To dry hibiscus flowers in a food dehydrator, set the dehydrator to around 120 degrees and arrange hibiscus flower petals and orange zest on dehydrator trays.
Dehydrate for 6-10 hours until petals are dry and brittle.
The petals will shrink a great deal, so be sure to use trays that they can't fall through as they dehydrate.
To dry hibiscus flowers in the sunlight, arrange the petals and orange zest in a single layer on a piece of parchment paper and set in a sunny window to dry.
This "air dry" method could take up to three days, sometimes more.
Storing dried hibiscus flowers
Once the hibiscus flowers are completely dried, they can be stored in an airtight container, in a dark place, at room temperature for 6-12 months.
You can also store them in the refrigerator to extend their shelf life even further.
If well sealed and stored properly, you can enjoy hibiscus tea made from dried hibiscus petals all year round!
Additionally, you can add your flowers with your spices and herbs of choice to tea bags to create hibiscus tea bags and store them properly in an airtight container or plastic bag with excess air removed.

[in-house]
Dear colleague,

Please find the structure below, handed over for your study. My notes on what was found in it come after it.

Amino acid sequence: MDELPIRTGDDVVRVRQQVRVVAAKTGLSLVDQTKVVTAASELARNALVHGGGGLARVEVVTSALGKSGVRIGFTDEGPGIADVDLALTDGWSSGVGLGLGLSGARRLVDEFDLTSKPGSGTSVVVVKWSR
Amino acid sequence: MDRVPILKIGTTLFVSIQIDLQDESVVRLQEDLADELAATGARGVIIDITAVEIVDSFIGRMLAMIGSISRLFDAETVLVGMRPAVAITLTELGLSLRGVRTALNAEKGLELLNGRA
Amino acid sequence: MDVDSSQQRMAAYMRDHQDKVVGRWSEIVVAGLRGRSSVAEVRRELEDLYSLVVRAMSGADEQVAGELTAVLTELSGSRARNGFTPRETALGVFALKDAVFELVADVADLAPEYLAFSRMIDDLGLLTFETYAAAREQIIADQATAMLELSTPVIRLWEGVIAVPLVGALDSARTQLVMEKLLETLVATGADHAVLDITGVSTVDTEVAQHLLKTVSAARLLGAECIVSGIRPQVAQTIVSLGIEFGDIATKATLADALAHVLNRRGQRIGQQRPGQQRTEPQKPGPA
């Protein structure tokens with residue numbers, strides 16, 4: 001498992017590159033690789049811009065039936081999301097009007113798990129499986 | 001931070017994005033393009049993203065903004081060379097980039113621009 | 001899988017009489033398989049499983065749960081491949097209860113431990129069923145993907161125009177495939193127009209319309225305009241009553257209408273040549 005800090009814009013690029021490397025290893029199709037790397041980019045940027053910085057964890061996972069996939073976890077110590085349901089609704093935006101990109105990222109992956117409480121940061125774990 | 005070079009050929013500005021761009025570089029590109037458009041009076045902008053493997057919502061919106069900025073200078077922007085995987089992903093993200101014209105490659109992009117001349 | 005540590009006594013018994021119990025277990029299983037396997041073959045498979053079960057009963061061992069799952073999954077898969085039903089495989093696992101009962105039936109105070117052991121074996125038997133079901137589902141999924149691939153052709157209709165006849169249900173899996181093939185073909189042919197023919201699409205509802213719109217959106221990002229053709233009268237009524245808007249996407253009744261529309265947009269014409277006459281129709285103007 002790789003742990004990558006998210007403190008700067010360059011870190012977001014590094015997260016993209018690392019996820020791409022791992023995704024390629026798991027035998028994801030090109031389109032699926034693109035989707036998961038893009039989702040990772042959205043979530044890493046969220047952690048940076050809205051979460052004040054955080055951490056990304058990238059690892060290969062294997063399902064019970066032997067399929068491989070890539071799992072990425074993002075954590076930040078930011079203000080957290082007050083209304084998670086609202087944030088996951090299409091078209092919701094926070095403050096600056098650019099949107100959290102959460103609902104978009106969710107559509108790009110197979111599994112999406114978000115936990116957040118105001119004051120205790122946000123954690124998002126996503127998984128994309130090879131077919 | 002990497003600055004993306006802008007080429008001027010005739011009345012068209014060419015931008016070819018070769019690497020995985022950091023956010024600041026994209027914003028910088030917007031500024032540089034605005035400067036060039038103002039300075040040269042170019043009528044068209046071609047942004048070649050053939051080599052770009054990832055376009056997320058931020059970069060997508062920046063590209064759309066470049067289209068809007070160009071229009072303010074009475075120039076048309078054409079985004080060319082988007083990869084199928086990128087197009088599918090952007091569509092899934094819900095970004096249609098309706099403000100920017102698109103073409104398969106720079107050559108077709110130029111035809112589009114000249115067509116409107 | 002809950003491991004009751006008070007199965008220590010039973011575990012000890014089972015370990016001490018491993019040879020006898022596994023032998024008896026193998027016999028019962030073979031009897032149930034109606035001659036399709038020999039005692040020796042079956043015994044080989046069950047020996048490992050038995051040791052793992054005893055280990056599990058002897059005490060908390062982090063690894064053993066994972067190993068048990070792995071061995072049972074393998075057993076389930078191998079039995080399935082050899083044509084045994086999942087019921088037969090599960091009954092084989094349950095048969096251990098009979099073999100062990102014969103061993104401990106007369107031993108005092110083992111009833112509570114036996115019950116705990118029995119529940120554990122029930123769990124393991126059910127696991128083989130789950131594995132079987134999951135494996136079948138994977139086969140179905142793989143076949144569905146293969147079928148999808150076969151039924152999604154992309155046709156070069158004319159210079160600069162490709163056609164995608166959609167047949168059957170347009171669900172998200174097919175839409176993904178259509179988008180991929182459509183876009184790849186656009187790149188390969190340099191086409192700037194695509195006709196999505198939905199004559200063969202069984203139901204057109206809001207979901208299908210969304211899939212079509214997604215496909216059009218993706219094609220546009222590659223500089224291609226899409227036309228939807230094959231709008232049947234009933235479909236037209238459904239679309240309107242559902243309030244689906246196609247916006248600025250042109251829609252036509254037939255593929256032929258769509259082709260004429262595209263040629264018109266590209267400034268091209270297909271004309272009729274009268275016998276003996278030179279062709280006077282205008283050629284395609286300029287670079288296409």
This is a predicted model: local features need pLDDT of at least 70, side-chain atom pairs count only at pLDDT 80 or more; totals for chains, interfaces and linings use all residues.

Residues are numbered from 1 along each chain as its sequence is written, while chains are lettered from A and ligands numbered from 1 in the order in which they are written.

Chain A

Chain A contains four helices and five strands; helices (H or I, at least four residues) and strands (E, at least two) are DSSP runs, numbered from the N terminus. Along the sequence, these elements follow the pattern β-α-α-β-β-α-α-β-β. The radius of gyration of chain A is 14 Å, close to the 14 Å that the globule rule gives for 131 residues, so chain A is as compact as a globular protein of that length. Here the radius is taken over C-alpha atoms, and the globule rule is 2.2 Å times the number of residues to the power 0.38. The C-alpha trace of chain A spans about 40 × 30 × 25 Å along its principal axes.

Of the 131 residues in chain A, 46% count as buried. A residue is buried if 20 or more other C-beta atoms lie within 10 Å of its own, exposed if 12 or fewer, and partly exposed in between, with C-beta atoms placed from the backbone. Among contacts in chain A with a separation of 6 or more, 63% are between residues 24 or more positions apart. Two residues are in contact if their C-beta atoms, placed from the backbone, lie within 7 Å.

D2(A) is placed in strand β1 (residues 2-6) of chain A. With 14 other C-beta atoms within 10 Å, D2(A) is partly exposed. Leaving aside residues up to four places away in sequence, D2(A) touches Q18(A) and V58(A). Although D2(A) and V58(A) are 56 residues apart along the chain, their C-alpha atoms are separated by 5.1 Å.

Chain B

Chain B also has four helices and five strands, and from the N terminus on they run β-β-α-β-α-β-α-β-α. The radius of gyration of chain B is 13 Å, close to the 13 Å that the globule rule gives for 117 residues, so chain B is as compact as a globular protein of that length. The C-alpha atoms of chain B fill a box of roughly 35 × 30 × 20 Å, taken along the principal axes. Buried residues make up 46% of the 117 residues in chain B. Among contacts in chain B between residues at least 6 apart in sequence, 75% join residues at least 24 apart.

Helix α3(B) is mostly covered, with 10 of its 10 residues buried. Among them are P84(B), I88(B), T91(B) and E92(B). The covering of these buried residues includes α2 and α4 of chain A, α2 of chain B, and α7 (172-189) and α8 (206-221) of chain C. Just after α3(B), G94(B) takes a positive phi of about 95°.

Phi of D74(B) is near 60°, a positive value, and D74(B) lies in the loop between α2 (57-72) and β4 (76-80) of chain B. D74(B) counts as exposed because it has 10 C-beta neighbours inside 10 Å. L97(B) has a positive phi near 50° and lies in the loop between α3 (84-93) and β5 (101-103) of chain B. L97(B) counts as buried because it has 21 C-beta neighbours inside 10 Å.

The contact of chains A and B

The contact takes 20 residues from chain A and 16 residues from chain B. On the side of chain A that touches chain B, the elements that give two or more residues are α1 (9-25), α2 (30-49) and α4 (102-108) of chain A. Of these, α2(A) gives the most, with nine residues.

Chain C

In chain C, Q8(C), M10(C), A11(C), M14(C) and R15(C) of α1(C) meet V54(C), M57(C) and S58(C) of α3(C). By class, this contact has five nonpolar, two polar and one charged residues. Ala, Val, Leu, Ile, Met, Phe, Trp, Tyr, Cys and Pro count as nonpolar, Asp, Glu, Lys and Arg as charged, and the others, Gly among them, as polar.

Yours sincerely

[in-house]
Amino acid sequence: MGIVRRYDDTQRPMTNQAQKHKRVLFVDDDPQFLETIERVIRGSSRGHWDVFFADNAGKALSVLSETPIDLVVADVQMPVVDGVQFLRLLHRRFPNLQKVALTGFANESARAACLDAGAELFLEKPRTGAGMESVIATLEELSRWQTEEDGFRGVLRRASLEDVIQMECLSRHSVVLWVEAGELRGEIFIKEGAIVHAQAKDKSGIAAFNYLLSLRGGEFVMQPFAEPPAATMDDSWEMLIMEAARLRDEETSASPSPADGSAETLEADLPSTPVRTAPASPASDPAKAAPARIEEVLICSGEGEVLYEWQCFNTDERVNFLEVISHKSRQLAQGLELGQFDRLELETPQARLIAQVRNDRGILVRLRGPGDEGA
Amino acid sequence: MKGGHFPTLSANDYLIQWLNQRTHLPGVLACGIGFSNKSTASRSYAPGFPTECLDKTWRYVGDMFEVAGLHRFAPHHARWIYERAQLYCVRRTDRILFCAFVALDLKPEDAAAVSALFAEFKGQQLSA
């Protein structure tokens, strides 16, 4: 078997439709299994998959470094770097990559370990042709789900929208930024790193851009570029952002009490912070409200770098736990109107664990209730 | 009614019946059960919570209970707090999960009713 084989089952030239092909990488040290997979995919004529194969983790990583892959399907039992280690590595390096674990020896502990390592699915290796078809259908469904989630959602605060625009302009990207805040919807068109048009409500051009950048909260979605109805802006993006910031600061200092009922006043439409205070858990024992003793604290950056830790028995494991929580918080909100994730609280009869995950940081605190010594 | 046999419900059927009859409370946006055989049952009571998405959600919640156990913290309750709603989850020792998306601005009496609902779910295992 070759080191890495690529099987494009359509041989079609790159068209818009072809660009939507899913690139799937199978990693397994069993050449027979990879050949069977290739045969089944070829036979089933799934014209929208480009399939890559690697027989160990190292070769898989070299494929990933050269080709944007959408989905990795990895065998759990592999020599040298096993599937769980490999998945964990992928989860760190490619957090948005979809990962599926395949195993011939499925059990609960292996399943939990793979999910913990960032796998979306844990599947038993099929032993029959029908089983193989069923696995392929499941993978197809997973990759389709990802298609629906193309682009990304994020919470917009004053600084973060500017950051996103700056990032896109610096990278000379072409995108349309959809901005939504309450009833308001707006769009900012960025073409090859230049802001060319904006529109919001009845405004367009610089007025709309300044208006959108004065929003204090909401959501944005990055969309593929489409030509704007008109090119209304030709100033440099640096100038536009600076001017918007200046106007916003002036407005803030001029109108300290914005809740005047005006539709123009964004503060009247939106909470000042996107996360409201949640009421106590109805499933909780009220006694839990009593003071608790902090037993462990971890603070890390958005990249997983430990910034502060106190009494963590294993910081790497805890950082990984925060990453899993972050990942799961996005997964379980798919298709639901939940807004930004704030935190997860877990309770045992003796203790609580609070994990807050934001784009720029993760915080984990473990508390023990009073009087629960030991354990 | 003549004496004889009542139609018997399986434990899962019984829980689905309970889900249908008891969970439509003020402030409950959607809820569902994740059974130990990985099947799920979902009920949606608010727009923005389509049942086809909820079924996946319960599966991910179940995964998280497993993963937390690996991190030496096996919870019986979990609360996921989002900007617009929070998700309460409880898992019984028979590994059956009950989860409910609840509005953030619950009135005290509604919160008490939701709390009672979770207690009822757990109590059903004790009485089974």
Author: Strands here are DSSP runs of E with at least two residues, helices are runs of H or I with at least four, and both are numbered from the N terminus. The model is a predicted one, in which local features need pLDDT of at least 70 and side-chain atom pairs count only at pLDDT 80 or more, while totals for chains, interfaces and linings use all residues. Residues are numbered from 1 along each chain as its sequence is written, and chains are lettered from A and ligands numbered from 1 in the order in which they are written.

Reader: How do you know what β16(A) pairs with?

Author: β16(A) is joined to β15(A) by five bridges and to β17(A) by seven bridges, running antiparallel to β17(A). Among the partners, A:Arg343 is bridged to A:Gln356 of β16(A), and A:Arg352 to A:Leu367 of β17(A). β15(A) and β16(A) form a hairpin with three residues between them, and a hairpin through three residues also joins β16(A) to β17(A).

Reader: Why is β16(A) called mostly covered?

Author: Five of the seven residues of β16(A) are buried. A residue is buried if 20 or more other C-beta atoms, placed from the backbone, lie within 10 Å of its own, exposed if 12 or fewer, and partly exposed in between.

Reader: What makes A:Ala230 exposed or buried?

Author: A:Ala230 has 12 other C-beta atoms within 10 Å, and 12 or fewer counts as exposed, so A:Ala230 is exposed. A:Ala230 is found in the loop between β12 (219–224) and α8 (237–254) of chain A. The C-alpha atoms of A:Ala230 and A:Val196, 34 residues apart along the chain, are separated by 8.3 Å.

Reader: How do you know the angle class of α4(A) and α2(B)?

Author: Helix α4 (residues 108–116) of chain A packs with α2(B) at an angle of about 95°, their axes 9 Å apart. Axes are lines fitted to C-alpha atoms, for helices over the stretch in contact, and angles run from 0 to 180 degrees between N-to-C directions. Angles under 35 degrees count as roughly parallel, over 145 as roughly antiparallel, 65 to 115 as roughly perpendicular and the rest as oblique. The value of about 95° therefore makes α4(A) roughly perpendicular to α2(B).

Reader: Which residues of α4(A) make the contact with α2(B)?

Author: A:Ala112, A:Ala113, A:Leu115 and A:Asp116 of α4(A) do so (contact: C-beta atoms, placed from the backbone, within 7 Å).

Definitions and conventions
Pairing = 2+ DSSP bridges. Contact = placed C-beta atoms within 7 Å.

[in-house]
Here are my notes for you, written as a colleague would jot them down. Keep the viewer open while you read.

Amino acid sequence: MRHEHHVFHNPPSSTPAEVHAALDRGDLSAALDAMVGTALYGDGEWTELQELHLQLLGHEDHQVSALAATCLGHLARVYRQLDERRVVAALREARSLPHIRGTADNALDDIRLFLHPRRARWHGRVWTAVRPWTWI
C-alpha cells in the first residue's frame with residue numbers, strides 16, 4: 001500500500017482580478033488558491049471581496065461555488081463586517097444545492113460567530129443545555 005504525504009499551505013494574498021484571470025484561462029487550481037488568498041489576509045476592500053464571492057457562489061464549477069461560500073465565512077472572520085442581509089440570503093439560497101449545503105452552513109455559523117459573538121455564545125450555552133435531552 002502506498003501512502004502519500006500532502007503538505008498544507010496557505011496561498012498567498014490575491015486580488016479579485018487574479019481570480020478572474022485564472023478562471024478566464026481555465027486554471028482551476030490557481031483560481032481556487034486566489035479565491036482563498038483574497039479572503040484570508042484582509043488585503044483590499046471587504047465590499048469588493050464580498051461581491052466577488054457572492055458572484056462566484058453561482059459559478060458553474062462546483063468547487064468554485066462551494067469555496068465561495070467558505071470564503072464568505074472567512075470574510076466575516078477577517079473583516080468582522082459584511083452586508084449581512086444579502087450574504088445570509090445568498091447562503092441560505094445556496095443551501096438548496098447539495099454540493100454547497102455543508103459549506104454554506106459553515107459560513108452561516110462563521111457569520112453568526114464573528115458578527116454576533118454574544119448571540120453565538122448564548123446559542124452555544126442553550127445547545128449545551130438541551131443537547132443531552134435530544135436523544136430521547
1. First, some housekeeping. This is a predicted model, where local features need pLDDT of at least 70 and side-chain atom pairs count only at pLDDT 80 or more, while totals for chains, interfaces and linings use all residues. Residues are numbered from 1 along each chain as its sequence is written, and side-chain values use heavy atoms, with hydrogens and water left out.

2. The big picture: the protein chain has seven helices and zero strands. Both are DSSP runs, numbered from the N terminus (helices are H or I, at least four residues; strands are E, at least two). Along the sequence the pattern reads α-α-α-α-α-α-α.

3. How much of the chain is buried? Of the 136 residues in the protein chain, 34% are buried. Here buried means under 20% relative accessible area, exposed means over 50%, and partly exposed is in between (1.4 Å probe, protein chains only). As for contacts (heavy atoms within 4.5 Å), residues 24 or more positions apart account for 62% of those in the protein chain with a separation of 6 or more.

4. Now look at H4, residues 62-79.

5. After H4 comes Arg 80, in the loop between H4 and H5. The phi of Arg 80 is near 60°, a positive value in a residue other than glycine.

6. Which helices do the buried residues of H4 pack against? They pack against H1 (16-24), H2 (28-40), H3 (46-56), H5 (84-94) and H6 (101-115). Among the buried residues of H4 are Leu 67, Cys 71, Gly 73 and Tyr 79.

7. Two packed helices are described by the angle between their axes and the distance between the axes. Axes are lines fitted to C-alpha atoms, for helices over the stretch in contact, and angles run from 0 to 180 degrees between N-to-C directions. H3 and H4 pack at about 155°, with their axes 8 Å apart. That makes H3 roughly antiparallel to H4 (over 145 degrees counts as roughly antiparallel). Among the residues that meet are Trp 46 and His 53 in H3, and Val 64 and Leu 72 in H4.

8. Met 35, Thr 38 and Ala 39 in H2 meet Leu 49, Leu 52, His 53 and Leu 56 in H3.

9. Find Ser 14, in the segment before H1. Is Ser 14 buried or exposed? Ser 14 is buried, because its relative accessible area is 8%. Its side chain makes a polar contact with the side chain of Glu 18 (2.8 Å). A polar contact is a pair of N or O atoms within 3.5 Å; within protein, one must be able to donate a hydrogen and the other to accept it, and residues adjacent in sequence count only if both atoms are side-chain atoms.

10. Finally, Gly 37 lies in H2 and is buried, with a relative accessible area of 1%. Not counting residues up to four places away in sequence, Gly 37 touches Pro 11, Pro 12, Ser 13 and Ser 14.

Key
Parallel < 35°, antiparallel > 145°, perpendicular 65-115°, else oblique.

How to brew hibiscus tea
You can brew hibiscus tea hot or cold, as shown below.
To brew hot hibiscus tea, bring 2 cups of fresh spring water to a boil either in a pot on the stove or tea kettle.
Add one tablespoon of hibiscus tea and steep the tea leaves in the hot water loosely or using a tea ball strainer for an additional 5 minutes.
Do not over steep the tea, it can ruin the flavors.
Strain the tea into heat safe mugs and enjoy.
You may add honey, stevia, agave, sugar or any other sweetener you like to compliment this tart tea, or enjoy it tangy and unsweetened.
To brew cold brew hibiscus tea, use fresh cold spring water.
Stir a one cup of hibiscus tea into 8 cups of cold water.
Steep the loose tea in the cold water for 2 hours at room temperature, or overnight in the fridge.
Strain the cold brewed tea through a mesh strainer and enjoy cold or over ice cubes as iced hibiscus tea.
Can you sweeten this hibiscus tea recipe?
If you want, you can sweeten this refreshing drink with a little agave, stevia, sugar, honey, simple syrup, maple syrup, or any other sweetener of your choice.
Cold brewed hibiscus tea can be stored in the refrigerator in a pitcher for a refreshing drink to enjoy over the next two weeks.